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Cash Collateral

When a business files for chapter 11 bankruptcy protection, the first question is what happens to the cash held in the business bank accounts and to the future business income – after all this is the lifeblood of the business. If the debtor has creditors with a security interest in the business inventory and its proceeds, the cash generated from the sale of these goods is considered cash collateral.

The bankruptcy code defines cash collateral as “cash, negotiable instruments, documents of title, securities, deposit accounts, or other cash equivalencies” in which others have an interest. See link outlining cash collateral in bankruptcy.

Simply stated, a debtor may obtain use of cash collateral by agreement with the secured creditor. Alternatively, a debtor can receive approval to use cash collateral by filing a motion with the court in which a hearing will be held. The debtor needs to demonstrate that the secured creditor’s interest will be adequately protected. The purpose is to protect the secured creditor from diminution in value of its collateral while still in the hands of the debtor.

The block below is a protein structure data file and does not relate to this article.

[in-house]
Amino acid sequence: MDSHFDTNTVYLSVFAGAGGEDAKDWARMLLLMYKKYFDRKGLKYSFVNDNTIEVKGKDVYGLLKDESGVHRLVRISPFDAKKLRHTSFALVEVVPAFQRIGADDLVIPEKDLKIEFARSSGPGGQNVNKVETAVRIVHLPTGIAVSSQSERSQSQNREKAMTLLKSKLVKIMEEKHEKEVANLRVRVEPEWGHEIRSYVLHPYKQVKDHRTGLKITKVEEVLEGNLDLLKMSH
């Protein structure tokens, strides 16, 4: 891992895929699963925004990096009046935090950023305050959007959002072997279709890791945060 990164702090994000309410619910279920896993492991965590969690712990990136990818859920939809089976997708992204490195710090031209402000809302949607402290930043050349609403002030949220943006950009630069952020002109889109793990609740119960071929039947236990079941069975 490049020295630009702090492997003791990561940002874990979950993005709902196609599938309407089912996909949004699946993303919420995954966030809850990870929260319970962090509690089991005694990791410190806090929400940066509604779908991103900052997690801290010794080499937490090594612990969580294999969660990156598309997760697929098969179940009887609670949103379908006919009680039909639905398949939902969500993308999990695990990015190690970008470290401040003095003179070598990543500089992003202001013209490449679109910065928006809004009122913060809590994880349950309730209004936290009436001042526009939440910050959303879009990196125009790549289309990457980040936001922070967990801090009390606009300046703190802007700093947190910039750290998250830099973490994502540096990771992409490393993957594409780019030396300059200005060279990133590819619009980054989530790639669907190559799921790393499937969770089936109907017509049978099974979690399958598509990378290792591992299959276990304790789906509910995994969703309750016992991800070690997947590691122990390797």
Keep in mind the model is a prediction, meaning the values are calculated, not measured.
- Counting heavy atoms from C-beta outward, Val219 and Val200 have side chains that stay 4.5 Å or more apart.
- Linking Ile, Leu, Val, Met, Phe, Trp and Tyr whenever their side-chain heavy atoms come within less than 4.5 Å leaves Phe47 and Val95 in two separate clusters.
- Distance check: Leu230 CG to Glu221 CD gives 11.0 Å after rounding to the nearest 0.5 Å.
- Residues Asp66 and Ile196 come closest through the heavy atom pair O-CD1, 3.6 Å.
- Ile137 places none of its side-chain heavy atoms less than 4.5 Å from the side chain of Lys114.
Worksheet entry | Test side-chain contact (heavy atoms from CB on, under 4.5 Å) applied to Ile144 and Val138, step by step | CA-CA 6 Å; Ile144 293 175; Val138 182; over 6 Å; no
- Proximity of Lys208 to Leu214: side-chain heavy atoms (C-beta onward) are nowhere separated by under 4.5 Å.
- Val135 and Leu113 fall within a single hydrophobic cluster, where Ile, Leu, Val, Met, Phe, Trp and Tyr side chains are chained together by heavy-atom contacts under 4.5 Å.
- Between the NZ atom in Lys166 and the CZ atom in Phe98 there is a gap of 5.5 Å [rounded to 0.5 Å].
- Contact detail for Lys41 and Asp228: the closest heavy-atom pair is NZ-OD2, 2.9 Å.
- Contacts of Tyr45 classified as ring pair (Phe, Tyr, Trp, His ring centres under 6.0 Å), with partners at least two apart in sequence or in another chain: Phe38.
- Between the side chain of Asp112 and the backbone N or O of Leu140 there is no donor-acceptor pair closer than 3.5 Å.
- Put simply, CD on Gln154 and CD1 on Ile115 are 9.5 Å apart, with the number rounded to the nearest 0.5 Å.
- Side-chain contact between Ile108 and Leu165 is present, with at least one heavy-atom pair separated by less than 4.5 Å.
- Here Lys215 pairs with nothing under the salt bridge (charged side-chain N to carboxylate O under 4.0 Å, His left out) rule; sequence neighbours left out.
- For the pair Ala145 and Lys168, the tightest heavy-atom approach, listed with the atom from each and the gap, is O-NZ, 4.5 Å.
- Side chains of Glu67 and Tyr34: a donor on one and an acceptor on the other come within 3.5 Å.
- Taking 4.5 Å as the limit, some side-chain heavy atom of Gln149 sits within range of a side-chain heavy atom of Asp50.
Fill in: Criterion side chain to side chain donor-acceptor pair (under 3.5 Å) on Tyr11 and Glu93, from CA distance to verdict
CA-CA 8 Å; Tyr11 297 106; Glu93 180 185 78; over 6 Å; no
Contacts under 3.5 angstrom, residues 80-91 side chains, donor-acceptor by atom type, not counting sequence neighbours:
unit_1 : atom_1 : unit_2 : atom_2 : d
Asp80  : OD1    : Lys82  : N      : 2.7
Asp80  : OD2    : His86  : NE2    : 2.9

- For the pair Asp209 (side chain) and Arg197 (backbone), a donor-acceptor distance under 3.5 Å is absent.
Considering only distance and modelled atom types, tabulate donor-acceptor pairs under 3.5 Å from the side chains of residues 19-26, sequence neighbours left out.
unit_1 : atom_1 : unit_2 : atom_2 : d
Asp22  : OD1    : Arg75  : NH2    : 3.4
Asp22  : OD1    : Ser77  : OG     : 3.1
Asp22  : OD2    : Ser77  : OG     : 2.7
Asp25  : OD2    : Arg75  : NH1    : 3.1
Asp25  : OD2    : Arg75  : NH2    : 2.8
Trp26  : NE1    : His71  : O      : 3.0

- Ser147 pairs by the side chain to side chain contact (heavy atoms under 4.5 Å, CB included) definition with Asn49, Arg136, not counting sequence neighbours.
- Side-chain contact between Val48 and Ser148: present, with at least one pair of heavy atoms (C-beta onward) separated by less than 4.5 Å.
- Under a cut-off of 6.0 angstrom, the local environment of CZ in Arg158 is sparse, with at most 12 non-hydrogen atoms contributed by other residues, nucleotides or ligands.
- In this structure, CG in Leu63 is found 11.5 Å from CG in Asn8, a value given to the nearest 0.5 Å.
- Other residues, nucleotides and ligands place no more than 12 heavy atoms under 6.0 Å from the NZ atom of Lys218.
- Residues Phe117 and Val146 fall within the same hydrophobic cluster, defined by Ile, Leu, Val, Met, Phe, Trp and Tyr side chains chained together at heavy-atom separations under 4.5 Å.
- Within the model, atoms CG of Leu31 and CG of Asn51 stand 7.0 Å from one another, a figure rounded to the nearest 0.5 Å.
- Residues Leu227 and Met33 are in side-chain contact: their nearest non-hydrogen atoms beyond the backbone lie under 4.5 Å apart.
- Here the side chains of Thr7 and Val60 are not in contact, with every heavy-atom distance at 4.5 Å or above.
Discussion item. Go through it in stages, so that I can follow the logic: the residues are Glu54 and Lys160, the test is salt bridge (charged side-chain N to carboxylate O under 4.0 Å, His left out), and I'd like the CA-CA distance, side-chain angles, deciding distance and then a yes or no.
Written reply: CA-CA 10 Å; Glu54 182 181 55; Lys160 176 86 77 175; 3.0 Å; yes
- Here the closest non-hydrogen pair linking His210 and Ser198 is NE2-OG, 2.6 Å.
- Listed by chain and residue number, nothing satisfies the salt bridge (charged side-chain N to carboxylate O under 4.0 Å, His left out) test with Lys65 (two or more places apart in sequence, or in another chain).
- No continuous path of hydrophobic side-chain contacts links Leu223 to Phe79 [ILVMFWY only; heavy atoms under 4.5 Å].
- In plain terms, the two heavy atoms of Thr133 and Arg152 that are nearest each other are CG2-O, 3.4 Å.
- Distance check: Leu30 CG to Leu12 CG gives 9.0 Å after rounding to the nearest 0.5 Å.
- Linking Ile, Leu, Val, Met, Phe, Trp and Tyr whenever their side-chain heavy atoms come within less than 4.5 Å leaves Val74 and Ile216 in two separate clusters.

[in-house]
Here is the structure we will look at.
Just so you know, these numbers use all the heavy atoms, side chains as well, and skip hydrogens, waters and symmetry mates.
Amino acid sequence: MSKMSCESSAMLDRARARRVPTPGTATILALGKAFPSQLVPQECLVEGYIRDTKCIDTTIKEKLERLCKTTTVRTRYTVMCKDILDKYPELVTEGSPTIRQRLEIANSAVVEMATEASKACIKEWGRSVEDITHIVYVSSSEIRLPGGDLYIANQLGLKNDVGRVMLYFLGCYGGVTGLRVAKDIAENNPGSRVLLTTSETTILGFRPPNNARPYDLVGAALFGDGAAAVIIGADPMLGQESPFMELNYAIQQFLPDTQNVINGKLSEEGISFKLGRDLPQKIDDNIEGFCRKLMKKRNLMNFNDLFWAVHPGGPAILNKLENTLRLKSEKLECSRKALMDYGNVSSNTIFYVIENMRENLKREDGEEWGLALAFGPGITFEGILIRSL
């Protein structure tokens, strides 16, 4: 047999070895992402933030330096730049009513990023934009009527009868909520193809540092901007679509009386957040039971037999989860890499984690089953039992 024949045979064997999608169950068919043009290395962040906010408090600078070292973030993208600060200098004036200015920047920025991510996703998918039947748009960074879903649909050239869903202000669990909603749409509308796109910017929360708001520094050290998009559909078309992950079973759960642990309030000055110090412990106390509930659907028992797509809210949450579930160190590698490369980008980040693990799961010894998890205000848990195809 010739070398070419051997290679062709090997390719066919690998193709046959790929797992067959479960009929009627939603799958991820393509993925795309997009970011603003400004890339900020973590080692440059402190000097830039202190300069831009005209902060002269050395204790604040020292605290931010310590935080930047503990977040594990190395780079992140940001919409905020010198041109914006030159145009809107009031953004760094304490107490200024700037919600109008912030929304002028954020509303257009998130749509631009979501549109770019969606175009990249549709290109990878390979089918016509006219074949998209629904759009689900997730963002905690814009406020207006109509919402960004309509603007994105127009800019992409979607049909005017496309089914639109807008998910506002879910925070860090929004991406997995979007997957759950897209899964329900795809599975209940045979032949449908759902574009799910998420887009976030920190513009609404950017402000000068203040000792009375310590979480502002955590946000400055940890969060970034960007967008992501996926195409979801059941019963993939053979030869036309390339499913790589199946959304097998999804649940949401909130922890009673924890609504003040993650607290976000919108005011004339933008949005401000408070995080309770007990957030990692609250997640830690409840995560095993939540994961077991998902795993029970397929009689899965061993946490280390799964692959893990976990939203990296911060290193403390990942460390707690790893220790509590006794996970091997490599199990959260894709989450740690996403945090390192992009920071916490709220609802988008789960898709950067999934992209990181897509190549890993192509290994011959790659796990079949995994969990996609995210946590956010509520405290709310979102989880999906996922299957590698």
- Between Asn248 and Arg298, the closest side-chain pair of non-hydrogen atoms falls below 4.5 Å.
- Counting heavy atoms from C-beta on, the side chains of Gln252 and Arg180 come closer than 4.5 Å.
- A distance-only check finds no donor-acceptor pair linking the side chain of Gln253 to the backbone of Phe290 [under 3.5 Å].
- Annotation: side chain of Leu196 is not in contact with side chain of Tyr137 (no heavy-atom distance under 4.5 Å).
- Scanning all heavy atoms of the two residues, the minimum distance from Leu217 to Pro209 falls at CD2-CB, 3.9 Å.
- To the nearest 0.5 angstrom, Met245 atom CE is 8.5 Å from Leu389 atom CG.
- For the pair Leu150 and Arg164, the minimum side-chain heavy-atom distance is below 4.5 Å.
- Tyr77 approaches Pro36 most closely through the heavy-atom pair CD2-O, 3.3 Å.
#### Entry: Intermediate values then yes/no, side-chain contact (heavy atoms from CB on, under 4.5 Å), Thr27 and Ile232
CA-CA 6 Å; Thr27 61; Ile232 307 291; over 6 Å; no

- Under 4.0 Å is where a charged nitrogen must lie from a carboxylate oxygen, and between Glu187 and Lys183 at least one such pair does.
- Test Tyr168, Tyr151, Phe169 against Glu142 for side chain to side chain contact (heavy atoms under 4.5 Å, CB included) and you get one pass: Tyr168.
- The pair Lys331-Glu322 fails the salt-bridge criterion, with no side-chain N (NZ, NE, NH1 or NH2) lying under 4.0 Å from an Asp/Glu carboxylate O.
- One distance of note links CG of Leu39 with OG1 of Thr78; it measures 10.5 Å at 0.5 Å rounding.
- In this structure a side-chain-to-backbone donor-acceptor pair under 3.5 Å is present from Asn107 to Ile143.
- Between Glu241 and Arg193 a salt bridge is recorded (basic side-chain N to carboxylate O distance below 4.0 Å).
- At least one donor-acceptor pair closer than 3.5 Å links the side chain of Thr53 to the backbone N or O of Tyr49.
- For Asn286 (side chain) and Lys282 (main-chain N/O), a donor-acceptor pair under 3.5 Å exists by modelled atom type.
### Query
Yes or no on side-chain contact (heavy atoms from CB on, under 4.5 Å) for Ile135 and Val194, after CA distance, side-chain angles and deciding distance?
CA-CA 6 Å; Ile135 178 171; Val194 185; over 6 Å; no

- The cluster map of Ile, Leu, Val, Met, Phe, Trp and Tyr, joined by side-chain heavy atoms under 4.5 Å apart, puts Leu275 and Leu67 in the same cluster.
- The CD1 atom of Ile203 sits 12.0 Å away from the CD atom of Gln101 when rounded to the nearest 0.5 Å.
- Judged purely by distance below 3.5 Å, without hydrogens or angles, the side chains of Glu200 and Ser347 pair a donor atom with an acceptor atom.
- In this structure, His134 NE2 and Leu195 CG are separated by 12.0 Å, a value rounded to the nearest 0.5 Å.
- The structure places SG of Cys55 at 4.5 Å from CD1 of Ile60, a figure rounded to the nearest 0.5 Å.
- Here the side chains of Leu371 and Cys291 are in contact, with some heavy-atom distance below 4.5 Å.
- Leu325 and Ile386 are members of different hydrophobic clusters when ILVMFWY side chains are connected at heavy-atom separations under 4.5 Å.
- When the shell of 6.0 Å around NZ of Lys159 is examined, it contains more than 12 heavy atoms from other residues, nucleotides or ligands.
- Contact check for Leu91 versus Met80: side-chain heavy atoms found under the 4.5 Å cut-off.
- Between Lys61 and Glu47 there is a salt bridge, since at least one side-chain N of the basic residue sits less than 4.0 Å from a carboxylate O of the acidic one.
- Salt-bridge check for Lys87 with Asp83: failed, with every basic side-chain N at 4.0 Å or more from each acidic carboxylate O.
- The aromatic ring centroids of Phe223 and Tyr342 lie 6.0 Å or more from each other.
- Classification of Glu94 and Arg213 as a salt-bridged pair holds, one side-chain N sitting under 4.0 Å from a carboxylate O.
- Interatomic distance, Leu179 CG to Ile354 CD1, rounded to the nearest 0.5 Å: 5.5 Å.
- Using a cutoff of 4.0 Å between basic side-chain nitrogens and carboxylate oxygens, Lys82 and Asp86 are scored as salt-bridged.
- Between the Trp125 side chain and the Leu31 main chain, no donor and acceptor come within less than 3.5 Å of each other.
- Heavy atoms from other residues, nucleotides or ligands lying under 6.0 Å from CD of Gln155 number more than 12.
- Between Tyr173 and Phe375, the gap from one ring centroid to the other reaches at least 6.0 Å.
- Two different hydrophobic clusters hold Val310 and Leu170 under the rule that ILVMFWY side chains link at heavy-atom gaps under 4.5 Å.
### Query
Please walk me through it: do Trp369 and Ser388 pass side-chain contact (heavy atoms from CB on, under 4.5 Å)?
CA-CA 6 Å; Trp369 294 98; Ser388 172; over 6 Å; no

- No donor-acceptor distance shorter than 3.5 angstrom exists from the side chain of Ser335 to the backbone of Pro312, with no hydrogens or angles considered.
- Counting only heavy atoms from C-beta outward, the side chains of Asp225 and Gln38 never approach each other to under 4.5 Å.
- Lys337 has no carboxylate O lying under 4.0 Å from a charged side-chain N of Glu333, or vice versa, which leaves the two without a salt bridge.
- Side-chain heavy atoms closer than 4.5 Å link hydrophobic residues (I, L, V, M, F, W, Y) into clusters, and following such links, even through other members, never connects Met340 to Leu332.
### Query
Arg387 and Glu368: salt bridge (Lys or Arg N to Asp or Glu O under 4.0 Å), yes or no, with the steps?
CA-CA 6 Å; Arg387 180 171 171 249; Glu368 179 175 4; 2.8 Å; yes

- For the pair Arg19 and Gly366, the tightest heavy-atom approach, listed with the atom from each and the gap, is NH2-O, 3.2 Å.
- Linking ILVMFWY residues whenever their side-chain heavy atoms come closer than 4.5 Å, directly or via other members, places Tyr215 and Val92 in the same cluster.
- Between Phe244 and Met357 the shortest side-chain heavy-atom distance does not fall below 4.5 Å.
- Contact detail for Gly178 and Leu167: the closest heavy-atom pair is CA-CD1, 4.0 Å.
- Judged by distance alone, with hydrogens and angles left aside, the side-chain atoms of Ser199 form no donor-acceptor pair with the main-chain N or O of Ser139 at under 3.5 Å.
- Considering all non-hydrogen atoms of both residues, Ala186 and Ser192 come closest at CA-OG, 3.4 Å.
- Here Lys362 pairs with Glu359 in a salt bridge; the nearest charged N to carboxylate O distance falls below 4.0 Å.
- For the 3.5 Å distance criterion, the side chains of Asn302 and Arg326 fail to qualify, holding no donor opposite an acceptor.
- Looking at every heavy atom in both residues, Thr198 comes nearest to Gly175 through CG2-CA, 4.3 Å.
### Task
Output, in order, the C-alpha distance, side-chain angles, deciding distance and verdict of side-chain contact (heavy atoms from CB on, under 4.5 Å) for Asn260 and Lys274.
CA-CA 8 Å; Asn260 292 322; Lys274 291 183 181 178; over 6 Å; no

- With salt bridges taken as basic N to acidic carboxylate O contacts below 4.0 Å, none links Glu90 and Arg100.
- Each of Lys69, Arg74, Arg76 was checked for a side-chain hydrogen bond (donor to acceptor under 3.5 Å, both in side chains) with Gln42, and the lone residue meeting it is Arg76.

This must be addressed early in the case as otherwise the debtor may be prohibited from using its cash. The penalties for its unauthorized use can be harsh. Some courts have clawed-back unauthorized payments made by the debtor. For this reason, such motions are filed alongside the filing of the bankruptcy. This is known as first day motions - matters which require immediate attention for the business to operate and are filed alongside the filing of the bankruptcy.